UBC Theses and Dissertations
Mothers who murder : perceptions of female offenders and the Canadian infanticide code Udala, Megan Rose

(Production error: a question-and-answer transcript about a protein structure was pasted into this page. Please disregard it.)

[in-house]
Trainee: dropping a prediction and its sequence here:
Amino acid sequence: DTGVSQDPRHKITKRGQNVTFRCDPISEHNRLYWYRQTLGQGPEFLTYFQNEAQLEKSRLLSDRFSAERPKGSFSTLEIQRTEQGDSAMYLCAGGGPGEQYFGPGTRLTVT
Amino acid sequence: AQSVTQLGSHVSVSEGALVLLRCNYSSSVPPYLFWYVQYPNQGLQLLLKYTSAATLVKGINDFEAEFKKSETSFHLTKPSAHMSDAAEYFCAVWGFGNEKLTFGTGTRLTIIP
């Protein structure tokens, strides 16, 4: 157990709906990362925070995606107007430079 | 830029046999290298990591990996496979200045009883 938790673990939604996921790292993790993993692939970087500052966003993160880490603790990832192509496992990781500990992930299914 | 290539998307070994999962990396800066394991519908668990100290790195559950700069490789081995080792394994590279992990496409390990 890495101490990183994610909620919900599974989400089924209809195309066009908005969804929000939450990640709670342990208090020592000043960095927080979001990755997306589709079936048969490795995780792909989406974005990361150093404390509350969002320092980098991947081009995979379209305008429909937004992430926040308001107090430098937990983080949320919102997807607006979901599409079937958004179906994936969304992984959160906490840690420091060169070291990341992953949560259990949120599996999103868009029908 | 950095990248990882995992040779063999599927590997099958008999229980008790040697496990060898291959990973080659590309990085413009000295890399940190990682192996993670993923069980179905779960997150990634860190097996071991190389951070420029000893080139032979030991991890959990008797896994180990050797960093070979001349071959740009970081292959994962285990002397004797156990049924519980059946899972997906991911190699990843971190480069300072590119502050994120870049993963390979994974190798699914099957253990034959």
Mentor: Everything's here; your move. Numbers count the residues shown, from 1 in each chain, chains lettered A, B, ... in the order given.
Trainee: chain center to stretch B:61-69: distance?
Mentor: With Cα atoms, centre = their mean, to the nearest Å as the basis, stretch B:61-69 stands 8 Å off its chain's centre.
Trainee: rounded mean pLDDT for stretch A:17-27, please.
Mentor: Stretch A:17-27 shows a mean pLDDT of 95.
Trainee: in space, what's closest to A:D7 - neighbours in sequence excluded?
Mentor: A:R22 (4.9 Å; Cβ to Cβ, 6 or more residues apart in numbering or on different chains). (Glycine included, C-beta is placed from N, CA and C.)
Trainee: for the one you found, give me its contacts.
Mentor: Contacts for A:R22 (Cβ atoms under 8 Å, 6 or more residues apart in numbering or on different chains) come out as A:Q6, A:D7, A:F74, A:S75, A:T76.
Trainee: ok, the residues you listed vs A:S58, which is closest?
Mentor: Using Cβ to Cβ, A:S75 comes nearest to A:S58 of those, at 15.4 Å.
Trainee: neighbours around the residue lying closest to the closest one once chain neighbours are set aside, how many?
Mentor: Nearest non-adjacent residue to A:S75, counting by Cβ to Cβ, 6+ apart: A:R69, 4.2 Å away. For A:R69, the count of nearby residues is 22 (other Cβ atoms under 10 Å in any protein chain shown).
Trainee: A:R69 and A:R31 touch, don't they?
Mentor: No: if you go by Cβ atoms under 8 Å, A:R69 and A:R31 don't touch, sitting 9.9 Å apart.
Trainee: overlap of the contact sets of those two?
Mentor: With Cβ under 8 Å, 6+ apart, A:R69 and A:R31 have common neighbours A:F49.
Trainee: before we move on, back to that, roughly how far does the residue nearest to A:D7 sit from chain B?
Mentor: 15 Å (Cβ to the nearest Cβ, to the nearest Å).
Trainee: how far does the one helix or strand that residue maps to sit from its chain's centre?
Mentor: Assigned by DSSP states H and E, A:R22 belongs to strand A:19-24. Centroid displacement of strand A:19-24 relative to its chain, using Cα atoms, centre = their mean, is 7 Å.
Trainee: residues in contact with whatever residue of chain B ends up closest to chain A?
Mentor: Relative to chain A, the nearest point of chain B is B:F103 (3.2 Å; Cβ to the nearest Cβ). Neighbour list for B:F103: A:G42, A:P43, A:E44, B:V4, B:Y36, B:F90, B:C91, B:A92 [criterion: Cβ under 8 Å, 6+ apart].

There is a large body of research pertaining to the factors that affect perceptions of crime and sentencing decisions. Research suggests that females consistently receive shorter sentences than their male counterparts (Auerhahn, 2007; Rodriguez, Curry, & Lee, 2006). Further, crime characteristics such as victim age and victim relationship to the perpetrator may influence sentencing decisions; for example, studies have shown that a murder against a child is often considered more serious than a murder against an adult (Garvey, 1998; Kleinfeld, 2012). The murder of a child aged eighteen years or younger by a parent is called a filicide (Resnick, 1969). An infanticide occurs if a child is murdered within the first year of the infant’s life. According to the Canadian Criminal Code, infanticide is also a legal charge, applied only when a mother kills her newly born child and has not recovered from the effects of giving birth (R.S., c. C-34, s. 216). If a father murders his newly born child, he could receive a first-degree murder charge. An infanticide conviction results in a maximum of five years in prison; whereas, a first-degree murder conviction can result in life in prison (twenty-five years in prison). This dissertation incorporates three studies that investigated the influence of four factors on perceived seriousness of the crime: (a) the presentation of infanticide information, (b) age of the victim (c) the victim’s relationship to the perpetrator, and (d) mental status (i.e., psychosis) of the perpetrator. Results indicated that in a university sample, participants provided shorter sentences for female perpetrators who murder their own infant children in comparison to non-relative, older children. In a community sample, participants provided shorter sentences for women who murder younger children in comparison to older children. Further, participants in both samples provided shorter sentences for perpetrators who were mentally ill at the time of the crime. The purpose of this project was to elucidate the public perceptions of the Canadian infanticide defence.
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